Outside Looking In - Mark Hathaway
Outside Looking In is a regular feature where contributors from outside the Southern Lakes district share their view on who we are.
Here's former TVNZ Dunedin reporter Mark Hathaway's take on Queenstown and Wanaka. Mark now works as a senior communications adviser at the University of Otago.
Queenstown has always been a gem of a place. Shiny, bright, beautiful.
It was where I looked forward to visiting from my hometown of Dunedin every year as a kid in the 1980s. My family rented a house in Fernhill for a week’s skiing every August holidays. Great times.
I clearly remember driving down the hill into Queenstown, usually at night, and seeing the Skyline gondola building all lit-up like a spaceship high above the town. Hugely exciting for a young fella.
We would ski for the week, and usually have a day-off in the middle when we’d cruise around the town. I remember the water wheel at the top of the mall and going out to the “aerodrome”, as my grandmother called it (now Queenstown International Airport), to watch Cessnas, blue and red choppers and the odd Mount Cook Landline plane tootling about. Quiet as (happy sigh).
The skifields weren’t busy – I can’t remember any queues in those early years.
Frankton hardly existed and the bottle-house on the way into town was the closest thing to adventure tourism I can remember.
Well Queenstown. What. The. Feck. Happened?
Ok, ok - simmer down all you venture capitalists. It’s clear to see what happened. Progress happened. Ideas happened. Growth happened. O’Connell’s Pavilion happened. Fast-food chains happened. Hotels soaking up the waterfront happened. Marketing happened. Luxury mansions happened. Throngs of tourists traipsing around like confused toddlers happened. Tripadvisor and a perpetual queue happened. Stone-faced guys in flat-brimmed caps driving aggressively in aggressive-looking utes happened.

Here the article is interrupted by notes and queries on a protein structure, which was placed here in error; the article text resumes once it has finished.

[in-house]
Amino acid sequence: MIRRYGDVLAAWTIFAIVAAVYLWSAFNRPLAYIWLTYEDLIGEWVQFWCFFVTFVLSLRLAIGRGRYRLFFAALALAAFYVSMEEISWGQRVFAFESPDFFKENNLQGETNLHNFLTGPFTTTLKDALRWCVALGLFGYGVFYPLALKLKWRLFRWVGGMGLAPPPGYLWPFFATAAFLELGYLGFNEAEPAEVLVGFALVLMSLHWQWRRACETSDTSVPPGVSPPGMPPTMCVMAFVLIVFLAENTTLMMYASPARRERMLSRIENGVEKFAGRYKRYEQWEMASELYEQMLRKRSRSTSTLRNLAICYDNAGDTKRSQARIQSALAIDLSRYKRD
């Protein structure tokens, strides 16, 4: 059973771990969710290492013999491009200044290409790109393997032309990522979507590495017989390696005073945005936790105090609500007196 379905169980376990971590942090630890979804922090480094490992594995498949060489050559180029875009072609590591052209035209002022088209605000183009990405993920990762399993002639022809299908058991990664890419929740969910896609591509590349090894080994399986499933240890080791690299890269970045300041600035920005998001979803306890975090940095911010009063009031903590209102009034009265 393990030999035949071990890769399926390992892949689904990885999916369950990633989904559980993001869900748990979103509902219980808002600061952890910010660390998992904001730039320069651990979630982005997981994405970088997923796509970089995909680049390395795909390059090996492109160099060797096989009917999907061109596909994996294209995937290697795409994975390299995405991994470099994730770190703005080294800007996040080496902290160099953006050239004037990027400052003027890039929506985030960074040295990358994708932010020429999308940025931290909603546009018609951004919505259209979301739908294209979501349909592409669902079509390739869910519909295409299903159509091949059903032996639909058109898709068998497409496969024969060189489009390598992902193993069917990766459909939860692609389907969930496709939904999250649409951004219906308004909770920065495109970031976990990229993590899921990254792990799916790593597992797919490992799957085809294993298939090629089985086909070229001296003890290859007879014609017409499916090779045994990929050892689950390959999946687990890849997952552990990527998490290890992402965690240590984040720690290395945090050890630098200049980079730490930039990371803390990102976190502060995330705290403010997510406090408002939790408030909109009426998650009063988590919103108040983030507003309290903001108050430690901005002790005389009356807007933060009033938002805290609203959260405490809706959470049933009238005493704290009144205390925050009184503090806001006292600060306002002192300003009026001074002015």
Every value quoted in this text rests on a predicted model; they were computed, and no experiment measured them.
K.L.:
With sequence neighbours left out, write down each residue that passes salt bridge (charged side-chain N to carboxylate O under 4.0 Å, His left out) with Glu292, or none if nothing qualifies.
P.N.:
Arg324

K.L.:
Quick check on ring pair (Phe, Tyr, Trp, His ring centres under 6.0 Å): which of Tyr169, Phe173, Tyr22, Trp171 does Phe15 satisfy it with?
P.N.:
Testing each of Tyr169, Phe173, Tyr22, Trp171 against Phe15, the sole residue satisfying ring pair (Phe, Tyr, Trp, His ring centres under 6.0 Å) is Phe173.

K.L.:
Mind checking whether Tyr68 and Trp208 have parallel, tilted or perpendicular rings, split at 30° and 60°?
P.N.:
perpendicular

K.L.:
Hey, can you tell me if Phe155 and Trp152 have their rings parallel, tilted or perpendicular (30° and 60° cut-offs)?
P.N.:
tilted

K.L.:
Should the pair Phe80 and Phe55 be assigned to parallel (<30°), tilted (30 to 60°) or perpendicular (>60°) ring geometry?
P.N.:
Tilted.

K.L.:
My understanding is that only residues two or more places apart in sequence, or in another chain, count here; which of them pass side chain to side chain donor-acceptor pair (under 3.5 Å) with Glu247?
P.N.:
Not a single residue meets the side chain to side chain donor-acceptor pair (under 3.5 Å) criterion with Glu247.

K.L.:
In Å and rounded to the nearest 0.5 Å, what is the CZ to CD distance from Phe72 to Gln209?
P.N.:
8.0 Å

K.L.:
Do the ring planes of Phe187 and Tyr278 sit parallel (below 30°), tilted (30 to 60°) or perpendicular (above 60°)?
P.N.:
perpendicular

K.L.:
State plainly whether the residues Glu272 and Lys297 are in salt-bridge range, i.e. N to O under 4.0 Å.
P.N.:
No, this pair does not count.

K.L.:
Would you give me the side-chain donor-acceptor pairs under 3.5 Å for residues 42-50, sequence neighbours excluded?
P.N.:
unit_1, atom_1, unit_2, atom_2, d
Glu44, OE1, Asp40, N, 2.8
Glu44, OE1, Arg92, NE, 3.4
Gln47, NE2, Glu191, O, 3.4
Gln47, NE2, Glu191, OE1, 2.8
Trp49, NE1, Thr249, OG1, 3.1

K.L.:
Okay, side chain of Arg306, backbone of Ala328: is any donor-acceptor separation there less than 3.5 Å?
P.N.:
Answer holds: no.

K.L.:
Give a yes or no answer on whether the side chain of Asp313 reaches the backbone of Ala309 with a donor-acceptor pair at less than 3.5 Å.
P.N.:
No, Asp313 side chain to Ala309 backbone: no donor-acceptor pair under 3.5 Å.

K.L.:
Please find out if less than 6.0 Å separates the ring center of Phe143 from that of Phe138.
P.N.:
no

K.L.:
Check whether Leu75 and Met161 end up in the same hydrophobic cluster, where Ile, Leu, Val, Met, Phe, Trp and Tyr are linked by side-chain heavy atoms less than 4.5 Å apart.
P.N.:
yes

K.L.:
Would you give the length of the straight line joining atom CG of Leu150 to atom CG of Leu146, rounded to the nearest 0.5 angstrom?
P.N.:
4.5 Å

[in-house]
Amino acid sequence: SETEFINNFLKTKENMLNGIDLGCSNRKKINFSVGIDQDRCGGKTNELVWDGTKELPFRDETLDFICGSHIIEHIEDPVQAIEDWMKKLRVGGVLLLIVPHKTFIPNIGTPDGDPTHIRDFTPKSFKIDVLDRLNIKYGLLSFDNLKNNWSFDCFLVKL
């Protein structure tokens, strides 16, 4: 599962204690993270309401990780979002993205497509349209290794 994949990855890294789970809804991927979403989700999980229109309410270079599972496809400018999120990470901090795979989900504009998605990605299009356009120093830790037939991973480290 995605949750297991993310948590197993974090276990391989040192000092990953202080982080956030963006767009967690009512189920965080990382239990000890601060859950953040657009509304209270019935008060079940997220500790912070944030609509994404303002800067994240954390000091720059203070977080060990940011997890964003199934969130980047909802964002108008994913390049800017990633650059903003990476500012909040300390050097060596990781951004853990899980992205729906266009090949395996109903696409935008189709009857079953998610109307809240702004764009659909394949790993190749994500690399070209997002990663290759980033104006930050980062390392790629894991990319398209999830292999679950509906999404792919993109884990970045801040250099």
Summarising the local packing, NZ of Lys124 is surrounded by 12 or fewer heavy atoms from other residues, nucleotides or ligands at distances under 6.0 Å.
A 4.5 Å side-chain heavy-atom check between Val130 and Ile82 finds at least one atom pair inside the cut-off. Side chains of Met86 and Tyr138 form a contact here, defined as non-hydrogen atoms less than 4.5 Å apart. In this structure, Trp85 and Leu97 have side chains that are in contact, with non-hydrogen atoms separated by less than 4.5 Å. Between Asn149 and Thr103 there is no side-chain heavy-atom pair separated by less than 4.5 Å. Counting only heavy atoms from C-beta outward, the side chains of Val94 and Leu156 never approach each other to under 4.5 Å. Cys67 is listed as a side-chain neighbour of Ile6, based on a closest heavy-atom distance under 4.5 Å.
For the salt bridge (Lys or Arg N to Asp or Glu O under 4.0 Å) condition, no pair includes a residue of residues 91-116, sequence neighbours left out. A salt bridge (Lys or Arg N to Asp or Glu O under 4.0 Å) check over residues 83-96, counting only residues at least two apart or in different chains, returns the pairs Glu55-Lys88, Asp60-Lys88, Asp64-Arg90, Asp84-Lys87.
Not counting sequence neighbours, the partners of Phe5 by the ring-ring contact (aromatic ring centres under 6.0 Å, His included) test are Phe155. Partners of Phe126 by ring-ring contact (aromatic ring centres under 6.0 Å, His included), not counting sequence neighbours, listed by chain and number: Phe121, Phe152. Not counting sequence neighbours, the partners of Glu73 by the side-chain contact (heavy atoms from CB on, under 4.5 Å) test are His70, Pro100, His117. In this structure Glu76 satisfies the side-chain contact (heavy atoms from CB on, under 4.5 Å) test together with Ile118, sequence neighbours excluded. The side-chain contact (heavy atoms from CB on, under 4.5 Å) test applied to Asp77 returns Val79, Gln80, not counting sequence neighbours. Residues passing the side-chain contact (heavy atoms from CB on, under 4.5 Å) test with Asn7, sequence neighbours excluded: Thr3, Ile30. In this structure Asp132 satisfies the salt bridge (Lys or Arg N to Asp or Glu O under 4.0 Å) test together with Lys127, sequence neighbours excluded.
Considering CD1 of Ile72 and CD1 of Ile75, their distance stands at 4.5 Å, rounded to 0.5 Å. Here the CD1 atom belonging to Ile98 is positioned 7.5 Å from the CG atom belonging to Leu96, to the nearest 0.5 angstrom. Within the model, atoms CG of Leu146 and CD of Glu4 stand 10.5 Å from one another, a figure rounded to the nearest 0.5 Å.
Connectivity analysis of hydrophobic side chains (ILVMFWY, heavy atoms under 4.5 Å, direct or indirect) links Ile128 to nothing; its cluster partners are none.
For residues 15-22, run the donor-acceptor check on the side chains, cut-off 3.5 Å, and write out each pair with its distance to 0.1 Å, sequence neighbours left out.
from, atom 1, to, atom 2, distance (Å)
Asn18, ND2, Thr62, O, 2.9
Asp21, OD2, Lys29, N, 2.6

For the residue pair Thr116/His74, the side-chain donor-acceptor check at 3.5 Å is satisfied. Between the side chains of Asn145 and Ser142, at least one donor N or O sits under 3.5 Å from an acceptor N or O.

In a way it’s no surprise, such is the beauty and energy of the place, that it was never going to keep its charming self secret for long (despondent sigh).
My grandparents moved to Queenstown in the 1960s. From their Southland sheep farm they came and worked at the skifields and an early souvenir shop in town. In a way they were exactly like the many who live there now - from outside, making it home. They had a nice house on Malaghan Street that looked straight down the bay towards Walter Peak.
Unfortunately my grandfather died, then the house was damaged by a fire and my grandma went to live in Alexandra (massive sigh). Sometime around 1980, the house - just a block or two up the hill from town - was sold for $90,000 (huge wailing sigh - head in hand, hitting the table as I write this). Perhaps this is why I get just a little bit massively-depressed now when I’m in Queenstown. Or maybe it’s the choked-up traffic and atrocious tourist drivers.
But the locals that created the place aren’t bitter and twisted types. They’re go-getters. Ideas people. Adventurers.